The fouls pulled up by the referee were 51 in total, only one fewer than the record total of 52 in the Argentina v Mexico game, a match that went into extra-time. If your game plan is to play flowing, possession football, it's obvious that a stop-start rhythm imposed by the official is not going to favour your approach.

The main foul that mattered, however, was Puyol's chest push on Henry which led to France's second goal, but the fact that it was really Henry who cleverly executed the foul is unlikely to be added to the catalogue of alleged injustices that the Spanish have claimed to have suffered down the years in World Cup competitions.

Although it was a mistake by the referee, the feeling is that the penalty that Spain were previously awarded was a reasonably generous one, meaning that the swings and roundabouts triumphed in the end.

Spain stayed faithful to their Quixotic selves, therefore, in going out of the competition just as they thought that their star was finally twinkling.

Cervantes' main point in 'Don Quixote', Spain's finest and most famous book, was that the folks that inhabit the country are always one removed from reality, preferring to believe in things that are manifestly untrue than face the fact that the truth can be unpleasant. This would be the reading of the over-hyped reaction to the group stage, an interpretation that the players themselves would be unlikely to share, of course.

But the momentum that gathered in the country was unlike anything that I have seen in the last sixteen years, and it cannot have helped but communicate itself in some way to the squad in Germany, through the press that was gathered, through the fans that hung around the hotels and training sessions, and through the newspapers themselves, eagerly read by players with too much spare time on their hands.

The other reading is that Spain were attacked in the end by their usual stage-fright jitters, and that they failed to perform on the night - demonstrating that lack of cutting-edge that seems to have plagued them down the years. Either that or the more prosaic fact that Aragones' substitutions failed to come off, executed too early in the second half and unbalancing the side too radically.

Raúl was anonymous, but that's often his best trick. Villa was getting no service, but that was because the French were cutting off Alonso's lines of supply and rushing him on the few occasions he had possession. Xavi was off the pace, and so the introduction of the tougher Senna seemed a reasonable idea in the circumstances, as a way of protecting and then freeing Alonso. But within ten minutes France were 2-1 up, and without Xavi to prompt, Spain were anchorless. Joaquín made a go of it on the right, but the French held out quite comfortably in the end.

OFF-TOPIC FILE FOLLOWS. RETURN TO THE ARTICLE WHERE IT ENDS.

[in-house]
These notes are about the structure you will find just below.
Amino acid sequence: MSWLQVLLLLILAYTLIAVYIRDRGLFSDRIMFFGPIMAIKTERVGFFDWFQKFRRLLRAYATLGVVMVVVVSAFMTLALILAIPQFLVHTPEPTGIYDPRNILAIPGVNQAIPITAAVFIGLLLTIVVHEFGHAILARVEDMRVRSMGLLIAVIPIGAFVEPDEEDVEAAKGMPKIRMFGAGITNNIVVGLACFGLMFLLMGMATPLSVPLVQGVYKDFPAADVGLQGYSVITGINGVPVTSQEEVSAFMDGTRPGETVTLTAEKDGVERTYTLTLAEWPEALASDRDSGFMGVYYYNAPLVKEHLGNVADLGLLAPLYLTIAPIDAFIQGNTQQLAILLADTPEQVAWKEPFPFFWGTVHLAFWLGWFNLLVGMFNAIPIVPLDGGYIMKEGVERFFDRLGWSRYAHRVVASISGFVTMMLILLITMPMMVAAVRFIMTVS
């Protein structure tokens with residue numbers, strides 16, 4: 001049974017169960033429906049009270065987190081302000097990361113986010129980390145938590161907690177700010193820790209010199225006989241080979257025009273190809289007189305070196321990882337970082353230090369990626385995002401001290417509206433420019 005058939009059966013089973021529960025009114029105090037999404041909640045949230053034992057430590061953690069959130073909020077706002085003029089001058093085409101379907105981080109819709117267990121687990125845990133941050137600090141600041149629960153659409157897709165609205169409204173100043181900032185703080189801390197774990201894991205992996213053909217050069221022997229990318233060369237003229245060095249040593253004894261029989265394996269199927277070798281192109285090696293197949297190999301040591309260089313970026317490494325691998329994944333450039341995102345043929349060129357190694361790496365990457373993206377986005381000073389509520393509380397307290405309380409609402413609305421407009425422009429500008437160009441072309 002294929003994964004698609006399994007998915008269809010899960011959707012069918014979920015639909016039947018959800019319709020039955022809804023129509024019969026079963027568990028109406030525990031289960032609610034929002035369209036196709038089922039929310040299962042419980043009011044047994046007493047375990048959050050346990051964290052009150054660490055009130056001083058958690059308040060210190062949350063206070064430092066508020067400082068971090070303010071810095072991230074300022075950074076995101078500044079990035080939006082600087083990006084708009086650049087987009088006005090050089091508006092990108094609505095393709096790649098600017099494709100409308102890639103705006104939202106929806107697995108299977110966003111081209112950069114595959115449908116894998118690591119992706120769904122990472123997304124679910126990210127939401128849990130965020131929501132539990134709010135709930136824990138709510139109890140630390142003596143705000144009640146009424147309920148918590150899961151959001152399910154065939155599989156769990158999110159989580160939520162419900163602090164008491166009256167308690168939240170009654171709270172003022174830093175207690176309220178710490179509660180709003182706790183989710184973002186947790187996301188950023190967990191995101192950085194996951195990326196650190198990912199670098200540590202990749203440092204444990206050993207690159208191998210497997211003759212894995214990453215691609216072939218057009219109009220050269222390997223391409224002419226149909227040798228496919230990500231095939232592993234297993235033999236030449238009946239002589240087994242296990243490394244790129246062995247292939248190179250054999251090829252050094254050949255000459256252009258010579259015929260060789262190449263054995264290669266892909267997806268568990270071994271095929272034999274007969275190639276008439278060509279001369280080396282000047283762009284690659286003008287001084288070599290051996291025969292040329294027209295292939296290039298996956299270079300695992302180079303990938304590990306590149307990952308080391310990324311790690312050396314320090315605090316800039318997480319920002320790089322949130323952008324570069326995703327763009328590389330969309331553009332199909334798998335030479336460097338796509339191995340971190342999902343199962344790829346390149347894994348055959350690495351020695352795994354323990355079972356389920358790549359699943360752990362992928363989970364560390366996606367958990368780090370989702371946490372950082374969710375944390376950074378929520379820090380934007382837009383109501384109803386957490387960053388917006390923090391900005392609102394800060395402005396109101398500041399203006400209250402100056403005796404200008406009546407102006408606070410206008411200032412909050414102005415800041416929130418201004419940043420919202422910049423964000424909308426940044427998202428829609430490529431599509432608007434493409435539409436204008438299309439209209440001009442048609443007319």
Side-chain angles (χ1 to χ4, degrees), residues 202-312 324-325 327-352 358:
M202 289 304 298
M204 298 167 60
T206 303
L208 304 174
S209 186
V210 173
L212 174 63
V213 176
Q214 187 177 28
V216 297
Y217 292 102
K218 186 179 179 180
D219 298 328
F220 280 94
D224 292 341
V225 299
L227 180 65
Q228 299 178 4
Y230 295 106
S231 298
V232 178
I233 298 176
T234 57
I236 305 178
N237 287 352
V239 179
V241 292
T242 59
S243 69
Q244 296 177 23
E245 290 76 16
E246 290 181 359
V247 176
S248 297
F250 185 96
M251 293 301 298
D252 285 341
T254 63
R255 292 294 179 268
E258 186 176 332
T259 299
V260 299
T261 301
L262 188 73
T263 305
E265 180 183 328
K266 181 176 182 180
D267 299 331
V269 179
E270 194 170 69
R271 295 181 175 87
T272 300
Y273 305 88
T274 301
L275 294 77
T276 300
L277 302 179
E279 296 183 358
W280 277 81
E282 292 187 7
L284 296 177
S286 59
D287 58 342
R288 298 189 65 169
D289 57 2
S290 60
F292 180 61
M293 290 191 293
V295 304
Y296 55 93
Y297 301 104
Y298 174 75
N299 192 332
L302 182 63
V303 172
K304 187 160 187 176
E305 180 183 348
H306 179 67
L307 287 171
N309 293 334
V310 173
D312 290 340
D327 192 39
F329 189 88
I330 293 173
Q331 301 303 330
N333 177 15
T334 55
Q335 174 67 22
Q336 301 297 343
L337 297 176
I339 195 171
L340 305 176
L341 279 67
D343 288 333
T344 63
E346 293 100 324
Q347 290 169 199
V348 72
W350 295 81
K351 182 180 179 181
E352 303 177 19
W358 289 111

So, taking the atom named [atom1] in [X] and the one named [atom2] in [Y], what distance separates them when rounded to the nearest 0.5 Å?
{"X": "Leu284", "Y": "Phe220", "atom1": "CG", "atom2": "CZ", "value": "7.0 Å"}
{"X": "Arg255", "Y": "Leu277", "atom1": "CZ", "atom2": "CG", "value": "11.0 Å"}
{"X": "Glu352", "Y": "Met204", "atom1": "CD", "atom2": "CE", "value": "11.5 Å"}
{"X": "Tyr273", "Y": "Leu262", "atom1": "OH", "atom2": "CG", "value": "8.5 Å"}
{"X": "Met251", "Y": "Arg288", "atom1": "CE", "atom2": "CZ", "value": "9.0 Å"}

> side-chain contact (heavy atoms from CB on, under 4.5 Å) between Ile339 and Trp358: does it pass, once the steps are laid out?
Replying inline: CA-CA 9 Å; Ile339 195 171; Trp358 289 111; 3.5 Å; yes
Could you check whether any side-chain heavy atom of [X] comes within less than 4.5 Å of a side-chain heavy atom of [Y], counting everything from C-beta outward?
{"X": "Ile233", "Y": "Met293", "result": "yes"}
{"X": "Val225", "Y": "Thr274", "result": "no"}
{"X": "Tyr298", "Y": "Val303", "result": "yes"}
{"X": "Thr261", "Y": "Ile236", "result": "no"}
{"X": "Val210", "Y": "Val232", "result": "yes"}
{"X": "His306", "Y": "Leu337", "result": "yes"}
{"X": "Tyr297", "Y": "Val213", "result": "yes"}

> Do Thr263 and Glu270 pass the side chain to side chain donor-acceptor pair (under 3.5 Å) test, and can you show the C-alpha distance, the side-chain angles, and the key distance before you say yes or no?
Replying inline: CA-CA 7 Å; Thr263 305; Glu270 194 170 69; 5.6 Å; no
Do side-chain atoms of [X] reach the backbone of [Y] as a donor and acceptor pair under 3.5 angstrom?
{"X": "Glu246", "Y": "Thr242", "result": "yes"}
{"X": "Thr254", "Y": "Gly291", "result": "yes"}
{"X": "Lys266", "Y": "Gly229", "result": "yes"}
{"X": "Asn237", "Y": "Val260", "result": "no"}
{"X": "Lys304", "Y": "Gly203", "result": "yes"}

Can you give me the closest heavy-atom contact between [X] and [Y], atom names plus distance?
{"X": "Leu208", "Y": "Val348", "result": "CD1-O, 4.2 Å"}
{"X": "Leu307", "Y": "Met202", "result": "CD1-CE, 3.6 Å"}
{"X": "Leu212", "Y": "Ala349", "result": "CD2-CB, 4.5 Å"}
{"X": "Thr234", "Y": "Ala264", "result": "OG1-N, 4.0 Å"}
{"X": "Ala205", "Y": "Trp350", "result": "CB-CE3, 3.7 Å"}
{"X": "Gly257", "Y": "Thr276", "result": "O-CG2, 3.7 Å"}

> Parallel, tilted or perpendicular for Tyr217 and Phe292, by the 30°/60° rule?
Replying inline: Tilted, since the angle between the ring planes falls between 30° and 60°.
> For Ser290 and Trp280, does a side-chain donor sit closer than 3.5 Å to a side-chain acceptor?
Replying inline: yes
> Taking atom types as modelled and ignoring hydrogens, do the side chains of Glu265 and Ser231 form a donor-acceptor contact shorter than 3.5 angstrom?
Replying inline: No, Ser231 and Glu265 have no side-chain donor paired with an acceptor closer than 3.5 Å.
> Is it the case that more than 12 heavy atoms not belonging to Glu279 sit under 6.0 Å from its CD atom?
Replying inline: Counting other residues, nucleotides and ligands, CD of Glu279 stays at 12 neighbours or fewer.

On a personal note, I felt almost as bad as when England lost to West Germany back in 1970. It was the first time, as a kid, that a football result made me weep into my hot chocolate. 36 years later I found myself in a hotel in Cambrils, in deepest Catalonia. The bar was packed for the 9pm kick off, with the audience 60% Spanish, 38% French and the rest a mixture of neutral Brits and strange landless creatures like myself.

I have to report that the scenes at the end were upsetting, for there is no pain like the pain of watching others celebrate at a distance of five yards, when all one can do is wince, grimace and think 'I must not become aggressive. It is they who shame themselves with their chauvinistic prancing. And anyway, I'm English.'

But I felt for the Spanish, for their dedication to playing it the right way, for their innocent and momentary belief in themselves, and for their polite and quiet resignation at the end - in Cambrils at least.

I can imagine others tossing a bottle or two, or hurling a few insults at the very least - but I saw none of that. The punters filed quietly away, as the French punched the air and ridiculed them. Fair cop, for it's the winners' prerogative, but personally I felt desperate. I would have paid anything to have turned back the clock, and to have lived for just a little bit longer the country's sudden rush of unusual but deep-felt optimism.

It's something I haven't noticed here for a long time. The power of football continues to amaze. When does the new season start?

  • Phil is a published author of some repute and we're very lucky to have him here on Soccernet. If you want to own a real-life Phil Ball book, you can purchase either An Englishman Abroad, Beckham's Spanish Adventure on that bloke with the ever-changing hairstyle, White Storm, Phil's book on the history and culture of Real Madrid and his splendid and acclaimed story of Spanish football, Morbo.